Ok - I dug it up. I have a small compendium, containing articles by Aristotle, Horace & Longinus. The Aristotle one is called On the Art of Poetry
. Is that the one?
I picked it up from a reading list for a Screenwriting MA course, as a cheapo way to do some self-education a few years ago.
I remember reading it, but a fair bit of it I thought was very out-dated. I just don't have the time to pick those things out, or have a debate about it as it's now Scriptfrenzy
But I was just skimming through the book and found a section that I'd underlined when I first read it:
"our pity is awakened by undeserved misfortune, and our fear by that of someone just like ourselves
Which really should be the giveaway of who the protag is in Casablanca. But it doesn't work. Rcik's misfortune is having his heart broken for no (as far as he knows) good reason.
BUT - Lazlo's misfortune is having his wife have an affair while he's in a concentration camp, escaping and recovering. Then fleeing to someplace, only to run into 'the other man', who has the means for his escape and safety but refuses to help because of his wife's past (pardonable) indiscretion.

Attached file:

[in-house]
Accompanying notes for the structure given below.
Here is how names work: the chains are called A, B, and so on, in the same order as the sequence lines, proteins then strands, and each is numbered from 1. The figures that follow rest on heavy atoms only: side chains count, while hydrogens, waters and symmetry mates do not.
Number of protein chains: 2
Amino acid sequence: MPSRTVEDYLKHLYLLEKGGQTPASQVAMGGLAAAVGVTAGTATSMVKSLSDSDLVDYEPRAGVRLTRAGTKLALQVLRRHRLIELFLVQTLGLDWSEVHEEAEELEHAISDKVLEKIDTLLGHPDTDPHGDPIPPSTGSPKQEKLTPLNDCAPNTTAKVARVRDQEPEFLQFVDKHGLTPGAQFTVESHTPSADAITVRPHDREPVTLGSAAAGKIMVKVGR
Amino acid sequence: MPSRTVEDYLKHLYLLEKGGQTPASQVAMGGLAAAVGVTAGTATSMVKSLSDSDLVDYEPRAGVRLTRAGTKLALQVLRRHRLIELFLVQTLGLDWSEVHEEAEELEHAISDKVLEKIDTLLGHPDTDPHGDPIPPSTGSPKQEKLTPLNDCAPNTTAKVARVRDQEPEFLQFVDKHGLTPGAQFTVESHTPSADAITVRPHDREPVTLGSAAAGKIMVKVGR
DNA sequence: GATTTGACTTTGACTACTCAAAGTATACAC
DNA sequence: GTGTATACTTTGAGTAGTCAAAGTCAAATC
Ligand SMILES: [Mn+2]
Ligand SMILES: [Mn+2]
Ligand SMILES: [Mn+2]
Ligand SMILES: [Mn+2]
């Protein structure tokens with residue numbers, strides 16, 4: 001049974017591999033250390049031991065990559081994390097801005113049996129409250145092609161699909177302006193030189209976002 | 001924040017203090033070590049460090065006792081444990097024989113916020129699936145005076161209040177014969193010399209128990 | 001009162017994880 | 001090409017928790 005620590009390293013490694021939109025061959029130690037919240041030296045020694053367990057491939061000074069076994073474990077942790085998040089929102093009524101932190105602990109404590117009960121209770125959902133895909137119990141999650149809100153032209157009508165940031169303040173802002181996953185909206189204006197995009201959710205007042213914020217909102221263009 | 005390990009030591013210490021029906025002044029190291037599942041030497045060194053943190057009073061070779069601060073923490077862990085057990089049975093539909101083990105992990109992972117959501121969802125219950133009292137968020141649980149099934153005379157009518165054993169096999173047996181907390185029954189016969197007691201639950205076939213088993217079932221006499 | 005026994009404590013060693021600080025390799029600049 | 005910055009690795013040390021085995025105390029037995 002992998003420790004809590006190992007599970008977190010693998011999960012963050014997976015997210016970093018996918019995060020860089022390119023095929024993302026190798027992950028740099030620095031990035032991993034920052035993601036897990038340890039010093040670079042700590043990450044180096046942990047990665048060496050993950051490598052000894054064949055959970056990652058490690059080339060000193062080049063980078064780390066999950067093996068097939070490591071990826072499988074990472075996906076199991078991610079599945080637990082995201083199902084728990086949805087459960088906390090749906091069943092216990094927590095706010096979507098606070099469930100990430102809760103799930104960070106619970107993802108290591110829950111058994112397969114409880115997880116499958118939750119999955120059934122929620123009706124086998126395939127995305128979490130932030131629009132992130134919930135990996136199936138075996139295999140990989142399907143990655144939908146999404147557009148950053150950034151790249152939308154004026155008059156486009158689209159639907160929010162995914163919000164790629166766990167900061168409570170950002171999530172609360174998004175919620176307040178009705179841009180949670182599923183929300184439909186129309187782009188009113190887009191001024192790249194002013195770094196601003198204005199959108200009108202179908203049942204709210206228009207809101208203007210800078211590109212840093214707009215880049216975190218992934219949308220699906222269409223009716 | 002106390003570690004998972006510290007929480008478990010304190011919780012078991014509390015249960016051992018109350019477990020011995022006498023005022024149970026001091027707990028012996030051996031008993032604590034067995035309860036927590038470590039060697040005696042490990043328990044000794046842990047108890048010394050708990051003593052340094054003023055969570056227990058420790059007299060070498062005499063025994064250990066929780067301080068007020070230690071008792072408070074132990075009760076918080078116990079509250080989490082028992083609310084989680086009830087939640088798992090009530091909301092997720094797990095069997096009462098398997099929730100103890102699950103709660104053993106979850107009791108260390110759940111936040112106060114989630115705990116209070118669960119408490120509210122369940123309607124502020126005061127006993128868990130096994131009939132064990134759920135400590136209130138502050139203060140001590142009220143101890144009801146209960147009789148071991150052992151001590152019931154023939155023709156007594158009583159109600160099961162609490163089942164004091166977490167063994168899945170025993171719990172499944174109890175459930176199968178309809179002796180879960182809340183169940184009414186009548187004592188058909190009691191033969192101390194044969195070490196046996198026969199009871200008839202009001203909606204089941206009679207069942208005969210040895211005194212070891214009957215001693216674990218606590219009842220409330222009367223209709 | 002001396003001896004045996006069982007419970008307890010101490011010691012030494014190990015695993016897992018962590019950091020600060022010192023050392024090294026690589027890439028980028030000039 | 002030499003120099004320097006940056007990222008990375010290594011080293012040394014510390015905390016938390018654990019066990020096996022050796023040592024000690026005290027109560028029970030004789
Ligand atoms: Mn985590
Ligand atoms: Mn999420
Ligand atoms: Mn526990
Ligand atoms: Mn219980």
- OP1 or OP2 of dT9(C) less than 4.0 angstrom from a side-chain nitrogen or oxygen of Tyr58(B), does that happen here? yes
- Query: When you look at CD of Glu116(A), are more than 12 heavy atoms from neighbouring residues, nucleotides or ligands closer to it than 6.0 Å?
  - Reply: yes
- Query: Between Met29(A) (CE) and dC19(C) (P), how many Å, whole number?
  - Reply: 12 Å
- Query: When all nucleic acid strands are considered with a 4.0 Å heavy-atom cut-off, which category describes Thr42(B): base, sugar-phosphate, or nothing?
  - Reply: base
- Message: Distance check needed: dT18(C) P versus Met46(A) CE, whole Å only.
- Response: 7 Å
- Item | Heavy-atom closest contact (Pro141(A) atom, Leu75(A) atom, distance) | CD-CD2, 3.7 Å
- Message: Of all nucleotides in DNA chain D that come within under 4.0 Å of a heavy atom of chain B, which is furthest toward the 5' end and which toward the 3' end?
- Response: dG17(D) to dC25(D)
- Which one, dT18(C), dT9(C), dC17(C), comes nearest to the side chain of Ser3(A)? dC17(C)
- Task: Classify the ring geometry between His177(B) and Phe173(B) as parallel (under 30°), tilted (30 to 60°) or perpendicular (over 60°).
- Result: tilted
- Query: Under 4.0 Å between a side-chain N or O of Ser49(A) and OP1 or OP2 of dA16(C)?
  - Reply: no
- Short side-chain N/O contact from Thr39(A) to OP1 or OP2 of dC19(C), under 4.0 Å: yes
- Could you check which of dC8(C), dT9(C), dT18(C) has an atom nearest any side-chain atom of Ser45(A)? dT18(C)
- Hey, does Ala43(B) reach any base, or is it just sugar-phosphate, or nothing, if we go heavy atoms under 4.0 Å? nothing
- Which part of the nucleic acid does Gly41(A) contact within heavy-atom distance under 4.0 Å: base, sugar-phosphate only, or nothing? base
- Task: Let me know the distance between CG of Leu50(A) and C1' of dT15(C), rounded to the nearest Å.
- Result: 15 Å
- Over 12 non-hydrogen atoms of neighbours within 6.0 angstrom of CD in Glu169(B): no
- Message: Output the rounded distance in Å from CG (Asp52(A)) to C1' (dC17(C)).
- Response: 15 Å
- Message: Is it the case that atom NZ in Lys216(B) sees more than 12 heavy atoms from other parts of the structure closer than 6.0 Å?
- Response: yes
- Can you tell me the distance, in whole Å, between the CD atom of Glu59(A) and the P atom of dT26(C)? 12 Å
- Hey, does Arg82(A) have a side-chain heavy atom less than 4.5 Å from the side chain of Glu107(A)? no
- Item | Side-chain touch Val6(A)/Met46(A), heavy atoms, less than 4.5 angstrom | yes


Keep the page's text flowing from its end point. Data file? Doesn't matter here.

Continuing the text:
The only thing Lazlo lacks is that "he's just like me" association for the audience.
I can just see Lazlo standing in front of the gods (Clytemnestra-like) demanding justice for Rick's assassination of him to a 'best supporting role' status in the movie. And then, after he's finished, it's Ilsa's turn for a slice of the heroine-denied action.
Anyway - I think Casablanca's pretty well squeezed out here now. But it's been fun looking at it from different angles
EDIT - And JonPiper's post I believe clinches the whole deal